6:30 – My alarm woke me up as normal and I got showered and dressed with the thought of going to hospital instead of going to work. I made sure to dress in comfy clothes as an infusion always means sitting around for several hours.

7:00 – I had my normal breakfast of porridge, banana and honey, accompanied by my usual cup of Clipper Morning Tea. I choose to avoid caffeine when possible so I keep a well stocked cupboard of herbal tea. The Clipper Morning Tea is my favourite way to start the day although it’s quite hard to get hold of now.

7:30 – Following my breakfast I booted up my work laptop and ran through my emails making sure there wasn’t anything urgent that needed a response and thankfully there wasn’t!

8:00 – I set off for hospital (Royal Victoria Infirmary, Newcastle) for my 8:30 appointment and made sure to pick up my kindle and headphones to keep me entertained whilst being infused.

8:23 – Upon arriving at the hospital I bought a bottle of water and some crisps in the insanely warm hospital shop. I did the whole “it’s hot in here isn’t it?” to the shop assistant and she respond glumly with “yes I know, it’s going to be fixed today”. She’d clearly heard my line several times already.

8:26 – I walked into at Ward 51 (our own version of Area 51), gave them my name and sat down in the large ‘infusion’ room. There are about 10 big comfy chairs in this room, tables for people to put their things on and lots of cushions for backs and resting needled arms on.

8:45 – After being told to sit down anywhere, I got shifted around twice to accommodate a pop up clinic being set up in the same room. Musical chairs is a great pre-infusion warm up.

9:00 – A nurse walked over and took my temperature and blood pressure and asked how I’d been feeling recently. They ask this to ensure that I don’t have any bugs. If I did, I wouldn’t be allowed to get my immune system suppressing infusion. She also informed me that my infusion wasn’t quite ready yet and that it was on it’s way from the pharmacy. This is normal.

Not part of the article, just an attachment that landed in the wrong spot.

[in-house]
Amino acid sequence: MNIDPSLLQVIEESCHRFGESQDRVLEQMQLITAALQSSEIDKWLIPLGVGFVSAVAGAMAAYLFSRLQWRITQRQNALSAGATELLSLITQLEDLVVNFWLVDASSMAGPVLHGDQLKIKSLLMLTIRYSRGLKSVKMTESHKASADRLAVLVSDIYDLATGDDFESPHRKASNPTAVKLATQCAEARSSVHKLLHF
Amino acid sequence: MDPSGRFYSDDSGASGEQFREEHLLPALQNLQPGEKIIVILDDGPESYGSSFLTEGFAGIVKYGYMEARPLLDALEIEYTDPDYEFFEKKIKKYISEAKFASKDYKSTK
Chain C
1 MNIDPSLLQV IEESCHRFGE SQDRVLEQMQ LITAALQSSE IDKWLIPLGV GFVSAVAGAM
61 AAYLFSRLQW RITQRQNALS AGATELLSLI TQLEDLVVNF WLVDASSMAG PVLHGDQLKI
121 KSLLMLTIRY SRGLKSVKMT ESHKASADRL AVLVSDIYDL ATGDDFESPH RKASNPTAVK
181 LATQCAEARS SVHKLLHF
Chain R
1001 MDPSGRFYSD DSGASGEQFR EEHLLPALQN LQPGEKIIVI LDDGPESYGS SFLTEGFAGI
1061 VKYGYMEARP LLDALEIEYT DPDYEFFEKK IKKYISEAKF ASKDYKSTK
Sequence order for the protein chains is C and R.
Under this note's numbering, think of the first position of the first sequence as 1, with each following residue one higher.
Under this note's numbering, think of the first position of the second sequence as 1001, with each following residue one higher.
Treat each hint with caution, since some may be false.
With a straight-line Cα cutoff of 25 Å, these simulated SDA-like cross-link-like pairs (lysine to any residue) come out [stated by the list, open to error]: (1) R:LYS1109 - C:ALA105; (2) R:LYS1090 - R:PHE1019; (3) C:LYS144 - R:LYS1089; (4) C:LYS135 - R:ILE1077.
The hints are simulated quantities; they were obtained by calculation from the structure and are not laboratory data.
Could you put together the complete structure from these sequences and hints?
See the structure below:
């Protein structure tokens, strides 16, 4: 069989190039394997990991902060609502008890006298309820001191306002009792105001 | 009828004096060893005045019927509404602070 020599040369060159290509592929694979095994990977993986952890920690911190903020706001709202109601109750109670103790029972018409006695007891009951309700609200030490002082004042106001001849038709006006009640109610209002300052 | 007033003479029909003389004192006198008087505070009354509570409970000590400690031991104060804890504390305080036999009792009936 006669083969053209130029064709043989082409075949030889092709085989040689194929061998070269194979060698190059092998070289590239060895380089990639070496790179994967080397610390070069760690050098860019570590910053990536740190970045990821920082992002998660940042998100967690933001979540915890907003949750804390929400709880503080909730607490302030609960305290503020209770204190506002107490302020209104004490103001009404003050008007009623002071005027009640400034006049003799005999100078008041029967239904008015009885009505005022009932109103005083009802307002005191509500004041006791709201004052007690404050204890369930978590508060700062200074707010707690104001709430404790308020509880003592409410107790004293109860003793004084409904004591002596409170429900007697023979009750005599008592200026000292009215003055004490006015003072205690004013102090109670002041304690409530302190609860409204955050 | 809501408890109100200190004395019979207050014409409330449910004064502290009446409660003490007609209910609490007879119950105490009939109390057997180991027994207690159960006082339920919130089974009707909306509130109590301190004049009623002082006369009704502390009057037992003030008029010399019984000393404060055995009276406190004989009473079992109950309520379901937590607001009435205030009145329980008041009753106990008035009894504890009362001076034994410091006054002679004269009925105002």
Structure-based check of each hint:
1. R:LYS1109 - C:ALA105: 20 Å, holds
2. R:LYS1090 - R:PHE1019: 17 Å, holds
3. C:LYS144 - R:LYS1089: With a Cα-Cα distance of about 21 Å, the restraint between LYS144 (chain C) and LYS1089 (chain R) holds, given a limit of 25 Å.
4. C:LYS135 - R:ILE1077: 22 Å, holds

9:22 – A different nurse put a cannula in my arm and took two vials of blood. I’ll admit, I’m not entirely sure what the blood is for. I’m so used to having blood taken that it’s easy to forget to ask. At some point in the future I’m just going to install a tap on my arm, it would make life much easier.

Cannula ready to go
Cannula ready to go

9:29 – One hour after my initial appointment time and following a dose of hydrocortisone, I finally get plugged into my Remsima Infusion. The nurse describes the hydrocortisone as a way of giving my body a protective barrier in preparation for my infusion. For my previous 5 infusion I’d been given Inflectra but from now on I was told it will be Remsima. I was assured that the medications were exactly the same. The only difference is that Remsima is half of the cost of Inflectra.

The beeping bastard.
The Beeping Bastard

9:31 – I was offered a cup of tea or coffee and some shortbread biscuits. I’m always surprised that hospitals, especially in an IBD ward, only offer caffeinated hot drinks. Many IBD patients will avoid caffeine. I always bring my own tea bags and they’re happy enough to provide a cup of hot water.

9:46 – Another patient turned up to be infused, but with iron instead of a biologic. Normally there are several patients being infused at the same time but today it was very quiet.

10:02 – A beeping machine signalled that iron girl was done and ready for her flush. Beeping machines are a popular feature of infusion wards. A flush does what it says on the tin and flushes any remaining medication out of the tube and the patients veins.

10:12 – I tucked into my crisps as another gentleman got hooked up for his first infusion.

10:50 – Despite nipping to the loo pre-infusion, my earlier tea began to play on my mind. I unplugged my Infusion machine from the wall (the plug is just used to charge the machine) and managed to nip to the loo and back without setting the machine alarm off. Unless you get infused, you won’t understand that this is indeed a big achievement.

11:26 – A beep signalled that the Remsima was almost done and it was time to get a flush.